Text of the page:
Thus in every department we meet with that particular type of Thus in every department we meet with that particular type of Christian theory which existed in the East during the seventh and eighth centuries.
    This Christian theory of life was subjected, as is well known, to many compromises in the West, and was materially modified by Teutonic influence and the revival of classicism.

    However, in Islam, this Christian theory underwent NOT a similar modification. Why? Because Muhammedan scholars were accustomed to propound their dicta as utterances given by Muhammed himself, and in this form Christian ideas also came into circulation among Muhammedans. When attempts were made to systematise these
    sayings, all were treated as alike authentic, and, as traditional, exerted their share of influence upon the formation of canon law. Sayings of Muhammed became part of canon law and therefore binding for all time!! Thus the process of development which was continued in Christendom, came to a standstill in Islam, thus questions of temporary importance to Christianity became PERMANENT elements in Muhammedan theology.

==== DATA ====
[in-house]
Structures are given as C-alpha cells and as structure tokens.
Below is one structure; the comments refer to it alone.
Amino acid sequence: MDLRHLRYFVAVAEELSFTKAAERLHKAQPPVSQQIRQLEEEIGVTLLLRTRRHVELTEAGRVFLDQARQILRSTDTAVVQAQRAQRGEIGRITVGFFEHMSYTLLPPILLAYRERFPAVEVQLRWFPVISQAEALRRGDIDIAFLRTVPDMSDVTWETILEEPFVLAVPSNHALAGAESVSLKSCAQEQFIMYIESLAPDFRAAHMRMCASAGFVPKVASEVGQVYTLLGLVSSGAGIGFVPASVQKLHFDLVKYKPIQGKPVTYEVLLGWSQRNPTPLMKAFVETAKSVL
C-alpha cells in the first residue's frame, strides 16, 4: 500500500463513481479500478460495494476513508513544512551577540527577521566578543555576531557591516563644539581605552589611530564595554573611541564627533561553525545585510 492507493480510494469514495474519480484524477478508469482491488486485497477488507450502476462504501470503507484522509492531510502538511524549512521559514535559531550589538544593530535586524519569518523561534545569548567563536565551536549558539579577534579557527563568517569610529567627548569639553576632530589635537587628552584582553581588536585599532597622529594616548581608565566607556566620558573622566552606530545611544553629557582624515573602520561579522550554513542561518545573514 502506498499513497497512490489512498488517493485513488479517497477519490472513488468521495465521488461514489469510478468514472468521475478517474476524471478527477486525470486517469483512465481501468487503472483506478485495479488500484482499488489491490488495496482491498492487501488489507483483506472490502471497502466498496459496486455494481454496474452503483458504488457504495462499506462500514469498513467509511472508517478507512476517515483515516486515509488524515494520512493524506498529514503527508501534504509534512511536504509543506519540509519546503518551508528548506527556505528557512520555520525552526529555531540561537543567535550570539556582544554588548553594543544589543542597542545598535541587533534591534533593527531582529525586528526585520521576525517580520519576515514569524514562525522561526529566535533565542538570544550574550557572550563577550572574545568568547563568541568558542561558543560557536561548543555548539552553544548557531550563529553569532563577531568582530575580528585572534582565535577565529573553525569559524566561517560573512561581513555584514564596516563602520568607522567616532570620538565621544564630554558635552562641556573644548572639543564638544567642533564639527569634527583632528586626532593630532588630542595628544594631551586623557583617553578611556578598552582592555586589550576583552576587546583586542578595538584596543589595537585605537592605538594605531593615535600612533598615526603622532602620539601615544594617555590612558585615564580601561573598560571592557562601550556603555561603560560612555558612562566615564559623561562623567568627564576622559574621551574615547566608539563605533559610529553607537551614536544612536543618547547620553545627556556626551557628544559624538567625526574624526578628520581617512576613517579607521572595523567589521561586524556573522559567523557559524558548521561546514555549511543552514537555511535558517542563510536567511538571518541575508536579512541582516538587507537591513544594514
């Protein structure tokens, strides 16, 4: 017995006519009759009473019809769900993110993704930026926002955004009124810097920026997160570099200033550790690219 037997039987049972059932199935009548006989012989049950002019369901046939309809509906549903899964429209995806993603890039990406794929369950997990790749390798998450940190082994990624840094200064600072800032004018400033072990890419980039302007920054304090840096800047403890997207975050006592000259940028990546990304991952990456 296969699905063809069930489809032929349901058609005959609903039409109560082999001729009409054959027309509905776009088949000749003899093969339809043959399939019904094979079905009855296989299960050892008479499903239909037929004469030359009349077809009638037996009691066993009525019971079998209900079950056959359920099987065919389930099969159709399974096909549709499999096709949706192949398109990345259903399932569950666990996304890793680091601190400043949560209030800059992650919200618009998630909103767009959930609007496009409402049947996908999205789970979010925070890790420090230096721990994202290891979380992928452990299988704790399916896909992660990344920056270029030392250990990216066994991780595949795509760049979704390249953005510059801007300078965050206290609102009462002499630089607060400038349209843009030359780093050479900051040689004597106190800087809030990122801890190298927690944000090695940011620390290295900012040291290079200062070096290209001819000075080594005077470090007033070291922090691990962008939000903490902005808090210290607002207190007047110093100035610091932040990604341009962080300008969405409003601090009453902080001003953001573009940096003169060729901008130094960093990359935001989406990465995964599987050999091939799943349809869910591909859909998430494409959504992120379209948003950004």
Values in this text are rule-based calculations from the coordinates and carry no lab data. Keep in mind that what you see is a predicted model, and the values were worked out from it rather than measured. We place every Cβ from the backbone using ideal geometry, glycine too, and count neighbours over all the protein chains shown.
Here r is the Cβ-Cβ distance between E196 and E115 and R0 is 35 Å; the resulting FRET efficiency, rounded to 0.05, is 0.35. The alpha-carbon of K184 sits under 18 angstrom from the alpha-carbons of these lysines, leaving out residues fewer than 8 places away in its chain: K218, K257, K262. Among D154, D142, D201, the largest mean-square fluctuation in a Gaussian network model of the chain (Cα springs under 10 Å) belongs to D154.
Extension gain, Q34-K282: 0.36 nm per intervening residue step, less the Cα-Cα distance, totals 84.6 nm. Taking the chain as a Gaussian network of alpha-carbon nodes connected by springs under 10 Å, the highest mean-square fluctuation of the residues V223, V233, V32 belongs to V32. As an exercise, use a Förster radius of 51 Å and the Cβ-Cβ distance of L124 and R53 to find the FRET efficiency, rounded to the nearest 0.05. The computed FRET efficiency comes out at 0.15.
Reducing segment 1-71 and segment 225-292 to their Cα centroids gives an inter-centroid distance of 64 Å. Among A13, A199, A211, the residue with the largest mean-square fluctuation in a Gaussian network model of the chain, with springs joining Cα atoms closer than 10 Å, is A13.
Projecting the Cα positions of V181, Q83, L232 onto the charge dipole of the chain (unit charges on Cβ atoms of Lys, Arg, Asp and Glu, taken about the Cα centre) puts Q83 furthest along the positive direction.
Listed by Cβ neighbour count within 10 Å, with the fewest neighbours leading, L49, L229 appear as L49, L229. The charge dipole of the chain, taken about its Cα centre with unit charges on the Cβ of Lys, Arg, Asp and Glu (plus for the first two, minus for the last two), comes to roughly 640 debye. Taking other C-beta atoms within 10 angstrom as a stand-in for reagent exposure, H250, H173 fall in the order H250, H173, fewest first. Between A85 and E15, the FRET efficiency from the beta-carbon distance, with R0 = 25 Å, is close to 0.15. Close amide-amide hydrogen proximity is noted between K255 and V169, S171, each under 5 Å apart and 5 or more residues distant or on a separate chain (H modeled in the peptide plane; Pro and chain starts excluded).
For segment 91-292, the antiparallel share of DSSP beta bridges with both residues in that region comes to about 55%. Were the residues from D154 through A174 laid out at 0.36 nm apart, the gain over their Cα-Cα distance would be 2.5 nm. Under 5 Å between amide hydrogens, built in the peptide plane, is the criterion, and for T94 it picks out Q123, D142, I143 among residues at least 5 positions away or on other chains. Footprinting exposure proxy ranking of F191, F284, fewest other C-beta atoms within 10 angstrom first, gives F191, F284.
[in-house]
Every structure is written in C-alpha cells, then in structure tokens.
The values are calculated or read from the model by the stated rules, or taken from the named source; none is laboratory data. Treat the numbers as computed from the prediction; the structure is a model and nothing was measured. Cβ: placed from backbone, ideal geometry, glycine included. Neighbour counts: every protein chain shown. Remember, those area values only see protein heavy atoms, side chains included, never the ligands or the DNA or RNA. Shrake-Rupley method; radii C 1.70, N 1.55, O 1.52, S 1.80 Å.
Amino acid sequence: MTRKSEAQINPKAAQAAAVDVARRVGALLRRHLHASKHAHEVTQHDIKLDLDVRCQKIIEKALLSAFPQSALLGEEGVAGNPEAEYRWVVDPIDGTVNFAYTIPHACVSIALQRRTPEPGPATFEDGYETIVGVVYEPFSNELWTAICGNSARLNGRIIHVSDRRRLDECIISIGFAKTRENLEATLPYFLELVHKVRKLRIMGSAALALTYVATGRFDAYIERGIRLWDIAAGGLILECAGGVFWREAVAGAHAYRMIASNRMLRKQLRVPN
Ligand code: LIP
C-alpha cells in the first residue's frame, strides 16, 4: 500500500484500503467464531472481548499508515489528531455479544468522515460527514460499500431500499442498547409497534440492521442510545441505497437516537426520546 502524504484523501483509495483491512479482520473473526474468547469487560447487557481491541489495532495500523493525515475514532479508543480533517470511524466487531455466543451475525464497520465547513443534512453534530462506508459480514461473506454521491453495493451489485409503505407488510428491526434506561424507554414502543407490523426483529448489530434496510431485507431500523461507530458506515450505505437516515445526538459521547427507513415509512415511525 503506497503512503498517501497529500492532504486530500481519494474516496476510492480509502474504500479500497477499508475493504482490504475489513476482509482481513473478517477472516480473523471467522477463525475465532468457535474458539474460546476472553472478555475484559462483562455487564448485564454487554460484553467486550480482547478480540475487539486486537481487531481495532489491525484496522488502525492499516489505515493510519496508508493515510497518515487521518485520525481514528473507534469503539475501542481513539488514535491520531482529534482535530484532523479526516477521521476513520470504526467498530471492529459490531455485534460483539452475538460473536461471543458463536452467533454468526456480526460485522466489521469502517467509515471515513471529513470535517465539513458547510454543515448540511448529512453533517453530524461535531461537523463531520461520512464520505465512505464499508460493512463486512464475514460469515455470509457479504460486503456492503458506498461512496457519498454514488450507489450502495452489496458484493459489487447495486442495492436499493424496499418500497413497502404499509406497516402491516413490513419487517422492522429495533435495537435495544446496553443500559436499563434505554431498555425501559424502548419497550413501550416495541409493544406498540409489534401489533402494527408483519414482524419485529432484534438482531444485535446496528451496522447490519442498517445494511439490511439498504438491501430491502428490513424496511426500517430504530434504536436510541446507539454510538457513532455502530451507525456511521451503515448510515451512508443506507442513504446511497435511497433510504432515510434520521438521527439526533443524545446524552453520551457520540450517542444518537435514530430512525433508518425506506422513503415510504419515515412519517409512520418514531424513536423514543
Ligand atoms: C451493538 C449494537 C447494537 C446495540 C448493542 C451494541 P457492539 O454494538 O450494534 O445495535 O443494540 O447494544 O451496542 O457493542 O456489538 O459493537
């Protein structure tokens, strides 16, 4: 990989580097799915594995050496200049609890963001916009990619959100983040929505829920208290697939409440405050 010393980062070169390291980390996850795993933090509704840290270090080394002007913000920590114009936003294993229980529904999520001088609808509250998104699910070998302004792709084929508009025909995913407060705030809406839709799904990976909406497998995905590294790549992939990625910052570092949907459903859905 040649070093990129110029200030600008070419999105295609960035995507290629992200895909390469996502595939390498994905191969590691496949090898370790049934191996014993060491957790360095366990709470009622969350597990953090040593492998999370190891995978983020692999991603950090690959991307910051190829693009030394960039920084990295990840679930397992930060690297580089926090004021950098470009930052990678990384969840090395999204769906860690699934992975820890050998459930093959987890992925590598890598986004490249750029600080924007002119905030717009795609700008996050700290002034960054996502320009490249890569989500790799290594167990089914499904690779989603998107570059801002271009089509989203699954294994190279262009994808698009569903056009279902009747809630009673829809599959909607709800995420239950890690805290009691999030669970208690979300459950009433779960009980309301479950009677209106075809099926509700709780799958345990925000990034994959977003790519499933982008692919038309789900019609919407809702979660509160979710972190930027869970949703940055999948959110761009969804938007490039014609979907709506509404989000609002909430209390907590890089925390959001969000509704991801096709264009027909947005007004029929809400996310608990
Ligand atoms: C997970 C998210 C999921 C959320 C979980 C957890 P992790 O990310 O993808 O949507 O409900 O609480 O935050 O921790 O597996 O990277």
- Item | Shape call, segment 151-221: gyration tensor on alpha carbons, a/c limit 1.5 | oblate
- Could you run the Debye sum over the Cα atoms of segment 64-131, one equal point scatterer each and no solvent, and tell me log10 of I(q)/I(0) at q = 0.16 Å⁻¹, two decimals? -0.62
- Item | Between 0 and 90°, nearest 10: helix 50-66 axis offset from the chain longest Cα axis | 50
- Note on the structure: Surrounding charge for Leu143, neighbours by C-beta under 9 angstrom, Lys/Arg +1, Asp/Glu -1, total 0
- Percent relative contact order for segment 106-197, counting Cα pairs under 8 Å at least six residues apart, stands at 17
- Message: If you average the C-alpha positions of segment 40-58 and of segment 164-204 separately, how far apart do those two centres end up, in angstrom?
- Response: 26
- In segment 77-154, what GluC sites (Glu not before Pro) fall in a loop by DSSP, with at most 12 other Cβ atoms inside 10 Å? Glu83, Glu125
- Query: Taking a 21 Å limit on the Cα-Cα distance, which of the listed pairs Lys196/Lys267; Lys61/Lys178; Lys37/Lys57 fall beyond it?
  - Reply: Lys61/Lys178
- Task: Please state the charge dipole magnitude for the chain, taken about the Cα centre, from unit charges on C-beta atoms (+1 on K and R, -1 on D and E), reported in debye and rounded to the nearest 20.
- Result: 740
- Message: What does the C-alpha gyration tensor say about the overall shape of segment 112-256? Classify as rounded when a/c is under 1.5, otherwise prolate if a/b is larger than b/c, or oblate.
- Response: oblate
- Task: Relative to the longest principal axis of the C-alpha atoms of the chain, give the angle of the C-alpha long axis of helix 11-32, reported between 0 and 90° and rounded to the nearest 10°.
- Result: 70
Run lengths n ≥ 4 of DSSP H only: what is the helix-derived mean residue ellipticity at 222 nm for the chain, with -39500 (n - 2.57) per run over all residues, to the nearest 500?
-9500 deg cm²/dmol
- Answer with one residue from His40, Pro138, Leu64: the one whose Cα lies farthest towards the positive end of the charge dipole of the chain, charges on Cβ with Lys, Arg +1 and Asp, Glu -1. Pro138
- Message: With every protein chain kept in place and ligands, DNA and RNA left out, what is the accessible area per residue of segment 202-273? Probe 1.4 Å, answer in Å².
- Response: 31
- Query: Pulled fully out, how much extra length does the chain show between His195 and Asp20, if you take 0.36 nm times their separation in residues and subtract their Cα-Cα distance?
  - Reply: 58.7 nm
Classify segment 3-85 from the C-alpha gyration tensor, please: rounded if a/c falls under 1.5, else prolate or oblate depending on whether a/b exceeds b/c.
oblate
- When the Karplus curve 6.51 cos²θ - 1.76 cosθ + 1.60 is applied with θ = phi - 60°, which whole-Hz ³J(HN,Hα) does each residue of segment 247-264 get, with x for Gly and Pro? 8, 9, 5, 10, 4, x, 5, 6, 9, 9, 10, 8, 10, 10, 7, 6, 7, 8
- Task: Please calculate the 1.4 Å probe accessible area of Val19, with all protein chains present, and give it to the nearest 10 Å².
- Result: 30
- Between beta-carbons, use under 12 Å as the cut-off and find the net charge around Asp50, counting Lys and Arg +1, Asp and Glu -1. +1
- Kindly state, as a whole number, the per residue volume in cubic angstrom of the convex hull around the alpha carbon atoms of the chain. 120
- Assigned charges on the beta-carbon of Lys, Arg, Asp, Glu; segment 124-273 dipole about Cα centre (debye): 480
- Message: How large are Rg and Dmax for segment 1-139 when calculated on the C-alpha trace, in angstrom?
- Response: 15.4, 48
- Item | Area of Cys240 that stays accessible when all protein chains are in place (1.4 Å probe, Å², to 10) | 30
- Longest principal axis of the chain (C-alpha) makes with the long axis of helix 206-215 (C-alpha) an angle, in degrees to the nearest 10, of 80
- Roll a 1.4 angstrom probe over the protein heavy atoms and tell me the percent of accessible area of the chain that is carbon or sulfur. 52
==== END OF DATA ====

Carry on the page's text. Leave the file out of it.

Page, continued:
Here began the development of Muhammedan jurisprudence or, more exactly, of the doctrine of duty, which includes every kind of human activity, duties to God and man, religion, civil law, the penal code, social morality and economics.

    All human acts are thus legally considered as obligatory or forbidden when corresponding with religious commands or prohibitions, as congenial or obnoxious to the law or as matters legally indifferent and therefore permissible. The arrangement of the work of daily life in correspondence with these religious points of view is the most important outcome of the Muhammedan doctrine of duties.

    It will thus be immediately obvious to what a vast extent Christian theory of the seventh and eighth centuries(!) still remains operative upon Muhammedan thought throughout the world.
    cf. C.H. Becker “Christianity and Islam” (1909).